The second note is that set #3 (Might Maulers) and set #4 (Cosmic Showdown) both have the same figure, #9, in the top left position of the figure tray. This inconsistency shows that both Mattel and the photographer were not held up by very specific details.
The Pre-Pack is also showcased on the third page. For further Pre-Pack observations, please read Advertising and Promotion 200.
The fourth page of M.U.S.C.L.E in the 1986 catalog showcased the two main accessories: the Battlin’ Belt and the Hard Knockin’ Wrestlin’ Ring. Again Mattel highlights that these toys are new and that they will be receiving television advertising. For further Battlin’ Belt and hard Knockin’ Wrestlin’ Ring observations, please read History 200.
There are two interesting observations looking at the Battlin’ Belt portion of the fourth page. The first is that the text of the Battlin’ Belt mentions that it is displayed in a window box. This claim is missing from the 1987 catalog, and likely explains why there are two versions of the Battlin’ Belt box.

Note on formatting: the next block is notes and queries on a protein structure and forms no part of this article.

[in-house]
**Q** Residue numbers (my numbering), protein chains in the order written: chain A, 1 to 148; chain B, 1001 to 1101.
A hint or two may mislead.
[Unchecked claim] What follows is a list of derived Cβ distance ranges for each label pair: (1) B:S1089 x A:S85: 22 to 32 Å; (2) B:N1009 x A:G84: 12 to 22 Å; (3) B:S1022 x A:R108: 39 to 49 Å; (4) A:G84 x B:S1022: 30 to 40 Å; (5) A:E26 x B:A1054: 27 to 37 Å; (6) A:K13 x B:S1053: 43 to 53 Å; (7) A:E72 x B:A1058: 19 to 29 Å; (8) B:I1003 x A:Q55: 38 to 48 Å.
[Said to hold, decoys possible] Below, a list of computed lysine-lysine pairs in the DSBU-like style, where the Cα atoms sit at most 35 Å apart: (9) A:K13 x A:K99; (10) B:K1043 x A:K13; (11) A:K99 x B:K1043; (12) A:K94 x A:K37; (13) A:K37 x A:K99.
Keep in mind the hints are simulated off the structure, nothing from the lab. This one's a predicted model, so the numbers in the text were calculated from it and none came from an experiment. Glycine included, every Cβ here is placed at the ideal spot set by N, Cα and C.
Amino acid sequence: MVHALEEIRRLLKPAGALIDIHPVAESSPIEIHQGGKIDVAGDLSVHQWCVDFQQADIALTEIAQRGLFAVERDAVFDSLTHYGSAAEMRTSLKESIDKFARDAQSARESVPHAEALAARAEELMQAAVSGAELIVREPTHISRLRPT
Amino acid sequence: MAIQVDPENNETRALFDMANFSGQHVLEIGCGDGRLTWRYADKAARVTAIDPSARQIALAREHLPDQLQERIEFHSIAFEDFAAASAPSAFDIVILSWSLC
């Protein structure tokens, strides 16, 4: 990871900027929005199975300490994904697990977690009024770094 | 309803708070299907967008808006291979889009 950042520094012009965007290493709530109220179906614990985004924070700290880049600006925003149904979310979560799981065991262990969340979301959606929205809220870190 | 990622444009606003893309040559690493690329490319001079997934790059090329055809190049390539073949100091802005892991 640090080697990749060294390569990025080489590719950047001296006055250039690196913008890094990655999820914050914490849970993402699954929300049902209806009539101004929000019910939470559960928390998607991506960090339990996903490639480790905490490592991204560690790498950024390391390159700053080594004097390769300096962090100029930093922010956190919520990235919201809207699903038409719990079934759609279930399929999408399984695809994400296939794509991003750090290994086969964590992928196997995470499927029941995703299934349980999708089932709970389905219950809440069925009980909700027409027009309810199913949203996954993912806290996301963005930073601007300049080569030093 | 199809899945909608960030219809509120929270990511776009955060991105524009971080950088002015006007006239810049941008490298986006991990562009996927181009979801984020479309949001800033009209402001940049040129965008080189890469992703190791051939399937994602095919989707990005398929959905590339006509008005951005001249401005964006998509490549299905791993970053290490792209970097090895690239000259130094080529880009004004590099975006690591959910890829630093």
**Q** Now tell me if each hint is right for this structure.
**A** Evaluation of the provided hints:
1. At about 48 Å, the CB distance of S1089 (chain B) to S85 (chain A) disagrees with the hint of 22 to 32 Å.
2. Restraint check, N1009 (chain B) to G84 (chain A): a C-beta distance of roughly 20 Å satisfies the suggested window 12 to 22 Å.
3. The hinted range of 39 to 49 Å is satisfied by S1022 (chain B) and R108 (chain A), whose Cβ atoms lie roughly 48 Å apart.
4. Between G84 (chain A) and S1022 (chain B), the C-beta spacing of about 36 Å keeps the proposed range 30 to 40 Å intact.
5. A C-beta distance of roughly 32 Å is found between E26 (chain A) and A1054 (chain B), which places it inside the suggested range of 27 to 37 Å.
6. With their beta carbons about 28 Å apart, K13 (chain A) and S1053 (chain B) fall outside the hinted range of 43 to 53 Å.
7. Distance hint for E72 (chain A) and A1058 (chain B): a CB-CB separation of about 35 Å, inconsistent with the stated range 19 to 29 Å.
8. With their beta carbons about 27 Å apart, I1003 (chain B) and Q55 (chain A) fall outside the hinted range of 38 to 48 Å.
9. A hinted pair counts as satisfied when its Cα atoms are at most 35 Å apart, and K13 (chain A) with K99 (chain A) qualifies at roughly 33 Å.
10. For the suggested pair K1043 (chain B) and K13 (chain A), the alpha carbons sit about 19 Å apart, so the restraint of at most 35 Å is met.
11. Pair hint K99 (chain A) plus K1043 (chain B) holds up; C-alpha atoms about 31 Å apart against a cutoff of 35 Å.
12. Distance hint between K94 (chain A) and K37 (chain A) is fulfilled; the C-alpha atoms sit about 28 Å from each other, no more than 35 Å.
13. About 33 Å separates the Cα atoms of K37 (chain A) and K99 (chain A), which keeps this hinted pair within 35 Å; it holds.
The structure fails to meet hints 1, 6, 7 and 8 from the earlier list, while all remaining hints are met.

The second is that in the smaller Battlin’ Belt picture, where it is being used as a wrestling ring, a mirrored version of the picture has been used. When looking directly at the production version of the belt, it is permanently connected on the right side of the belt.
In the catalog picture the belt appears to be permanently connected on the other side. Upon closer inspection it is clear the word “Champion” that is molded across the top of the belt is actually backwards in the picture. The reversal is either an artistic or accidental choice.